Flexible working has become more of a staple across various workplaces in recent years, but it is still on its way to becoming the norm. But as the world continues to experience societal, demographic, and technological changes, this change might not be so far in the future.
For example, MP Helen Whately recently introduced the Flexible Working Bill to Parliament that would require employers to offer flexible working for all job roles unless the work could not be carried out in a flexible way.
“At the moment, too many women are reluctantly dropping out of work or going part-time after having children because their employers won’t allow them flexibility,” said Whately. “It entrenches the assumption that men are the breadwinners and women are the homemakers.”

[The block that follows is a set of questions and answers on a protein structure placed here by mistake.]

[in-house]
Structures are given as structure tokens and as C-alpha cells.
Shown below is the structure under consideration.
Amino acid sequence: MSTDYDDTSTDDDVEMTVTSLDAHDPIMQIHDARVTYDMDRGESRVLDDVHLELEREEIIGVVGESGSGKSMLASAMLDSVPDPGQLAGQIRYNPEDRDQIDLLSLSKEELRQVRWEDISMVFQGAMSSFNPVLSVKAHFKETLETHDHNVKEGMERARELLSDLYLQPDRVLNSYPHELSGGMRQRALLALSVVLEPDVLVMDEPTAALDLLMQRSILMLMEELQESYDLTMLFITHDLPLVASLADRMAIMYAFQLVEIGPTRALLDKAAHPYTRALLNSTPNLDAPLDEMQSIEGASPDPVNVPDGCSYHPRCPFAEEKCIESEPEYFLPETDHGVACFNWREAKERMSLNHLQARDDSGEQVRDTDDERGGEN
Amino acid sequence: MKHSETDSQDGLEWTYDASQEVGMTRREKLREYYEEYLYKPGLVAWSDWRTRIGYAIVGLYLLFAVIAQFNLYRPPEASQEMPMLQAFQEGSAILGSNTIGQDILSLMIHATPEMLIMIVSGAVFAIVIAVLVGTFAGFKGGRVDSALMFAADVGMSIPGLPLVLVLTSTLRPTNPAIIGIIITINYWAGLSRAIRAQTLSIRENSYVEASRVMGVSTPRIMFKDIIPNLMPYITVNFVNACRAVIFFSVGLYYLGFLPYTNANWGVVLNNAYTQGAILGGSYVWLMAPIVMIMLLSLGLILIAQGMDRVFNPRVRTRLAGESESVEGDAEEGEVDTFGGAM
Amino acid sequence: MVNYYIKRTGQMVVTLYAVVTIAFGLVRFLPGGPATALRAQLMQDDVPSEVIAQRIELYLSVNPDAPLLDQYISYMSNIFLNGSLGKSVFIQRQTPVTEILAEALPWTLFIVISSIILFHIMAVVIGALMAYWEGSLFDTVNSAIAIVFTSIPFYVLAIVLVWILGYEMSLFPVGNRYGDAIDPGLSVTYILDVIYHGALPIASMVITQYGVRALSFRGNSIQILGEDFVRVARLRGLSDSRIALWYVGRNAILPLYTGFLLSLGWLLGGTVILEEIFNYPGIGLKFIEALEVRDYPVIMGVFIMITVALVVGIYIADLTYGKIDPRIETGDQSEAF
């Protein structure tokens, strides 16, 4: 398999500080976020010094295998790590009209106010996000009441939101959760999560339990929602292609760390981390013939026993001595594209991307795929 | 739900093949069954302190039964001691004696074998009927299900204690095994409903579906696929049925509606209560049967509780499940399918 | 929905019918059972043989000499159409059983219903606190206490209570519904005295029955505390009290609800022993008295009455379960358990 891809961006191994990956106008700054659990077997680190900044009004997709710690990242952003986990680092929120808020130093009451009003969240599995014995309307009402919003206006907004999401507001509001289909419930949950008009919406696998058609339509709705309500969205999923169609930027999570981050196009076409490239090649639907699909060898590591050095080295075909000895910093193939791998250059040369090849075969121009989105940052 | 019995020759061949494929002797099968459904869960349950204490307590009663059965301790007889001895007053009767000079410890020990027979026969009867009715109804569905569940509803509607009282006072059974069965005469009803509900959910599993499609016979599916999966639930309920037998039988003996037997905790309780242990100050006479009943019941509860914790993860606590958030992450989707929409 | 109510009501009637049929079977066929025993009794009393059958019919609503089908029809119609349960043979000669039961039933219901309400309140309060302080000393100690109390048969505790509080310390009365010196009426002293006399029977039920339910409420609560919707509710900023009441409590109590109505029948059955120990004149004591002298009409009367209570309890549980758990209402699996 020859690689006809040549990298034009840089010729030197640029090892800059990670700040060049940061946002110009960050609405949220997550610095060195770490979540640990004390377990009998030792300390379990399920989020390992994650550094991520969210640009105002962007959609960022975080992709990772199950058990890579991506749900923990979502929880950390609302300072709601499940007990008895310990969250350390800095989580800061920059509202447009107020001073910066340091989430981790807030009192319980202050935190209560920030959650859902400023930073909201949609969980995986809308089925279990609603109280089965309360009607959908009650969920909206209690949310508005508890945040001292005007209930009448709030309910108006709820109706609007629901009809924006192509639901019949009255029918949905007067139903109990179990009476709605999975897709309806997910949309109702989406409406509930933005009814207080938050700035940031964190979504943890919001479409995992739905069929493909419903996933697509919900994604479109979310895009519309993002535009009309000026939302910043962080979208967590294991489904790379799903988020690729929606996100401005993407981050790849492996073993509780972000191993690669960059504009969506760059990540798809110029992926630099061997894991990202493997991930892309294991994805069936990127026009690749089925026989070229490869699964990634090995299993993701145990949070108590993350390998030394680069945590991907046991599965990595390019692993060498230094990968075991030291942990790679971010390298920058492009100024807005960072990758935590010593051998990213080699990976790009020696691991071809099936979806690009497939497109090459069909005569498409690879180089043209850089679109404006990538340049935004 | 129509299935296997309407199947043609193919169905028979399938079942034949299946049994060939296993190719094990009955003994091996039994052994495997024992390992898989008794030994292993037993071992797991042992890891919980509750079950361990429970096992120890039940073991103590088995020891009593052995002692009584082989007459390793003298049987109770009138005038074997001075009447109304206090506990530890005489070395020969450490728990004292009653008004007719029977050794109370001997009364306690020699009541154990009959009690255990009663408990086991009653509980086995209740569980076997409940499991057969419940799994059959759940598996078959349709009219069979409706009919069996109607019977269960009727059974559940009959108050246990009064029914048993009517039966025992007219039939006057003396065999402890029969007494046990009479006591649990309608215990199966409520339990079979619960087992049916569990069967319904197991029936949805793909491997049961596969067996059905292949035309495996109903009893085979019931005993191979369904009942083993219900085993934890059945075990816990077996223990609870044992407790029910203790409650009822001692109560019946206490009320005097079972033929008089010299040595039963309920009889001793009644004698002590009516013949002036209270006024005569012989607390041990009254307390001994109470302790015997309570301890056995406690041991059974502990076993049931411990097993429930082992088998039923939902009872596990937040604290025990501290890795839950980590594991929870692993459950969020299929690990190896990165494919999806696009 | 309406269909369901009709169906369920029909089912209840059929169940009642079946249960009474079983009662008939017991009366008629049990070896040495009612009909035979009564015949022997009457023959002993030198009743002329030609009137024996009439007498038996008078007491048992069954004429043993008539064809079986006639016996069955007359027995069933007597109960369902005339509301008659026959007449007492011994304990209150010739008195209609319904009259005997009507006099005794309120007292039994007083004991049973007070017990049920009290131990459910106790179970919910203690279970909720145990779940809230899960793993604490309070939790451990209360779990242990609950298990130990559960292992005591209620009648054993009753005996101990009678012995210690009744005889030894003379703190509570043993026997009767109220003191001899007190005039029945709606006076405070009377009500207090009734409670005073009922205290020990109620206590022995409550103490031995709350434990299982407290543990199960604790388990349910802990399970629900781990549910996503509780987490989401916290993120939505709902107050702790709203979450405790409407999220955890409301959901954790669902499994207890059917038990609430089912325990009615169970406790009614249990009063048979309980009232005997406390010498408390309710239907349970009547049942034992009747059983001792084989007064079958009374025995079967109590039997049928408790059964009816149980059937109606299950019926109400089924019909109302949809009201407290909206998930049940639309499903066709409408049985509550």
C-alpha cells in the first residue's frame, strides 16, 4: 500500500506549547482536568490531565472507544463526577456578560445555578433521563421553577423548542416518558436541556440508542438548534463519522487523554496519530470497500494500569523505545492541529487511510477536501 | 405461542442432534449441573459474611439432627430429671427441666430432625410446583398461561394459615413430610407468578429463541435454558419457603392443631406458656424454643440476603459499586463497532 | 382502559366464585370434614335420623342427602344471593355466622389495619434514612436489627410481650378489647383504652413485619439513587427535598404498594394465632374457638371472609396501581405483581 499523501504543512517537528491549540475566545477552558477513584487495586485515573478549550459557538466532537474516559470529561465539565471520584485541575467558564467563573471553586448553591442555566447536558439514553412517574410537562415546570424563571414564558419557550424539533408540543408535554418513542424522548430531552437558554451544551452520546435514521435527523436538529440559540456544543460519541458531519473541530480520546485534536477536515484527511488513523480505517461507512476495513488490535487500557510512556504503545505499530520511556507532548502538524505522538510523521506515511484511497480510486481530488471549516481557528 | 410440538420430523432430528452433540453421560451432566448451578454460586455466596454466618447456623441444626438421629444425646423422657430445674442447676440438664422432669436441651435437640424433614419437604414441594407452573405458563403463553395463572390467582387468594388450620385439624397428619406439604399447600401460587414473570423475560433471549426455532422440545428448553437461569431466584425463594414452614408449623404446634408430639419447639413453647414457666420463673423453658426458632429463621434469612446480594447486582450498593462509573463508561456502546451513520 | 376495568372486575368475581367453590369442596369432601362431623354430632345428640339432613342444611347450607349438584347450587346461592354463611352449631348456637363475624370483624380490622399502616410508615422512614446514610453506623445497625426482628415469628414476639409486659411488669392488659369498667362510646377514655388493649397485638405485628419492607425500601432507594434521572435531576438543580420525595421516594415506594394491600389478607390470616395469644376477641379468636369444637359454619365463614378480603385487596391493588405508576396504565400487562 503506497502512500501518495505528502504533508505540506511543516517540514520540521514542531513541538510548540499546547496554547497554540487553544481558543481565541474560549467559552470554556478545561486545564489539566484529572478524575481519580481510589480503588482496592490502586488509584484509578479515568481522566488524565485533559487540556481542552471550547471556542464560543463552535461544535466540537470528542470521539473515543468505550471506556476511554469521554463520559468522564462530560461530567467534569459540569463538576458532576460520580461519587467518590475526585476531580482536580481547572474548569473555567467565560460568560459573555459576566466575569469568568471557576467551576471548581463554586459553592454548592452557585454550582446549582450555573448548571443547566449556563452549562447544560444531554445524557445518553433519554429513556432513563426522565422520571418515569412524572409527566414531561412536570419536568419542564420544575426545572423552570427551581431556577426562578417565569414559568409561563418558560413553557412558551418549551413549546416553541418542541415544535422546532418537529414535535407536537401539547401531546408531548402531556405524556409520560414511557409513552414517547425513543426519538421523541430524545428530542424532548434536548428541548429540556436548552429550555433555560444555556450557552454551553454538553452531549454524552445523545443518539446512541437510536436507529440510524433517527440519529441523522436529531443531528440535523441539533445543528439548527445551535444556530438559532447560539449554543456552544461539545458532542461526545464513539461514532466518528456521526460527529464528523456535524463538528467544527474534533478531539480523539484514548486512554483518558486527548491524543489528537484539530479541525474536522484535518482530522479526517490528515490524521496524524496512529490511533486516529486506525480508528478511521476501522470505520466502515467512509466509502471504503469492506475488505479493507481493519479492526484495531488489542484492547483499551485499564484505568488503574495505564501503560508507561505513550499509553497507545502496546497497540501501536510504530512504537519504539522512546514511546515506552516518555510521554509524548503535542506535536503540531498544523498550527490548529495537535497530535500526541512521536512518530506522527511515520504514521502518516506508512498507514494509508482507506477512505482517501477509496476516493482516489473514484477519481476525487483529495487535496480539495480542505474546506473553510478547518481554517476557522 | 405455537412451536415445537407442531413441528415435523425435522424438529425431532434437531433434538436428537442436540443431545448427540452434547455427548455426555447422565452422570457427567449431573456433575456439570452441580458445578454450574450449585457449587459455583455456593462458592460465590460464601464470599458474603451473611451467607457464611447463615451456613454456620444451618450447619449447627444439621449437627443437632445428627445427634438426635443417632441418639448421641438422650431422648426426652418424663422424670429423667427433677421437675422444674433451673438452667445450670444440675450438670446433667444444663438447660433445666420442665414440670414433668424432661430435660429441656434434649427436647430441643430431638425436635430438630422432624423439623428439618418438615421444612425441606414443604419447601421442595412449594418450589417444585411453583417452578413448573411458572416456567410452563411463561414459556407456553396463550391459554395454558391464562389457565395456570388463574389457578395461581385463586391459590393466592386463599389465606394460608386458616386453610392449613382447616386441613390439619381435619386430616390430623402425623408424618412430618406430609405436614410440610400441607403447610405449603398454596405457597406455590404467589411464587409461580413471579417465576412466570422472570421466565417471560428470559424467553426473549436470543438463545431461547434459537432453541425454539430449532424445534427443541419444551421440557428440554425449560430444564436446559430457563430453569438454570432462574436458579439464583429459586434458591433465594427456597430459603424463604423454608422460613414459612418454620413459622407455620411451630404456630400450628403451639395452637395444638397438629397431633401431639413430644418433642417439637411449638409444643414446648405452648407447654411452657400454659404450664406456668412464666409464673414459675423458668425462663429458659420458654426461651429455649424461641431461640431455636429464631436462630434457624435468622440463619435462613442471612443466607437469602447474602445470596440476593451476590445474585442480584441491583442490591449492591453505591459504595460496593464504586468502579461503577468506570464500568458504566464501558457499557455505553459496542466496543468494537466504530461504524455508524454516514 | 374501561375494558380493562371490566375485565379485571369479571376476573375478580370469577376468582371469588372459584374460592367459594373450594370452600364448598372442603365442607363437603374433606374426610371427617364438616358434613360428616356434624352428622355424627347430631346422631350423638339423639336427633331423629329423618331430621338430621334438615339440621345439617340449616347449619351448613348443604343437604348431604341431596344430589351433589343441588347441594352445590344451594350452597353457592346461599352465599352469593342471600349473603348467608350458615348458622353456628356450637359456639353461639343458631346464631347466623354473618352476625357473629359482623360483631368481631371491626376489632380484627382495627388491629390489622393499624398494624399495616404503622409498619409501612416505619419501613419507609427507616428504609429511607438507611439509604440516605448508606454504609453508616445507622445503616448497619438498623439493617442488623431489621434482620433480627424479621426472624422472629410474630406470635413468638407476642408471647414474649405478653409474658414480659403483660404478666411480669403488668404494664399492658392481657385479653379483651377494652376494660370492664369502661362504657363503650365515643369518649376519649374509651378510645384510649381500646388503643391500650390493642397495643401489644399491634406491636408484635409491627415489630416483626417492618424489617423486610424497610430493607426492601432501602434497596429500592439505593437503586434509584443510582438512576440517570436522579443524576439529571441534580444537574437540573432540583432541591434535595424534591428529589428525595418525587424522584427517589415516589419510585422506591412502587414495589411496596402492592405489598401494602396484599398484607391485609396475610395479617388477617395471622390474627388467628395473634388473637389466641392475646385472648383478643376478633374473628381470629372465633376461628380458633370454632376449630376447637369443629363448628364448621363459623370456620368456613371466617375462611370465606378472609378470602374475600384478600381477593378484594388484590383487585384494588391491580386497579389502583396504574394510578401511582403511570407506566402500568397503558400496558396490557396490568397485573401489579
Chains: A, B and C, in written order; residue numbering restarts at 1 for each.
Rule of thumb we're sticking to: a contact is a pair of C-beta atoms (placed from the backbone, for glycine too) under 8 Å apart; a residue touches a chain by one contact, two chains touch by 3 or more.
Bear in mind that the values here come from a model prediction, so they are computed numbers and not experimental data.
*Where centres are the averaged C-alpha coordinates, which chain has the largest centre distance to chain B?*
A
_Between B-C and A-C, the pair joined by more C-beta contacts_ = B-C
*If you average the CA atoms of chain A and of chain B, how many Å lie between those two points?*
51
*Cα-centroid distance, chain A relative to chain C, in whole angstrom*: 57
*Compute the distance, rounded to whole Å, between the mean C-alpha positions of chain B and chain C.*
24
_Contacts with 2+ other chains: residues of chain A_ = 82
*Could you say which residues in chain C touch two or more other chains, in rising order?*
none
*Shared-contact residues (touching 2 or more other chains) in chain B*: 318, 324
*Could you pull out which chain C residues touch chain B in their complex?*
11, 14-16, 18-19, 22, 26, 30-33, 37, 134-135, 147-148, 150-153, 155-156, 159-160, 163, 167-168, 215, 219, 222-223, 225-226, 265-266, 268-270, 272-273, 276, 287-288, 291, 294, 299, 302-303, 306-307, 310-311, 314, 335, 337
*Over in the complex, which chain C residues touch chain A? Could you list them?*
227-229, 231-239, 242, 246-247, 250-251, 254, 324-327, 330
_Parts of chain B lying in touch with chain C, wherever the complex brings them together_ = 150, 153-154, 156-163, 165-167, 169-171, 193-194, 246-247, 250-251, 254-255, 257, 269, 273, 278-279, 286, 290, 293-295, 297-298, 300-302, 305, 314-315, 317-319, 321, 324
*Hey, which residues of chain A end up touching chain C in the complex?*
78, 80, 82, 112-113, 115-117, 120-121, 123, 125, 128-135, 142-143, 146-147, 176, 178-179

This bill coincides a report from PwC that suggests a more diverse workforce would transform the UK economy. The report revealed that if the UK could match Sweden for the employment of women, the country would experience a 12% boost in GDP.
Additionally, flexible working goes beyond having flexible work hours — it also refers to the space in which people are working out of. This means that workers get the option of working from home or in the office, but research has proven that people wish to be around their colleagues. That is why agile work designs that include private spaces, collaborative areas, and places to unwind are ideal for the upcoming workforce.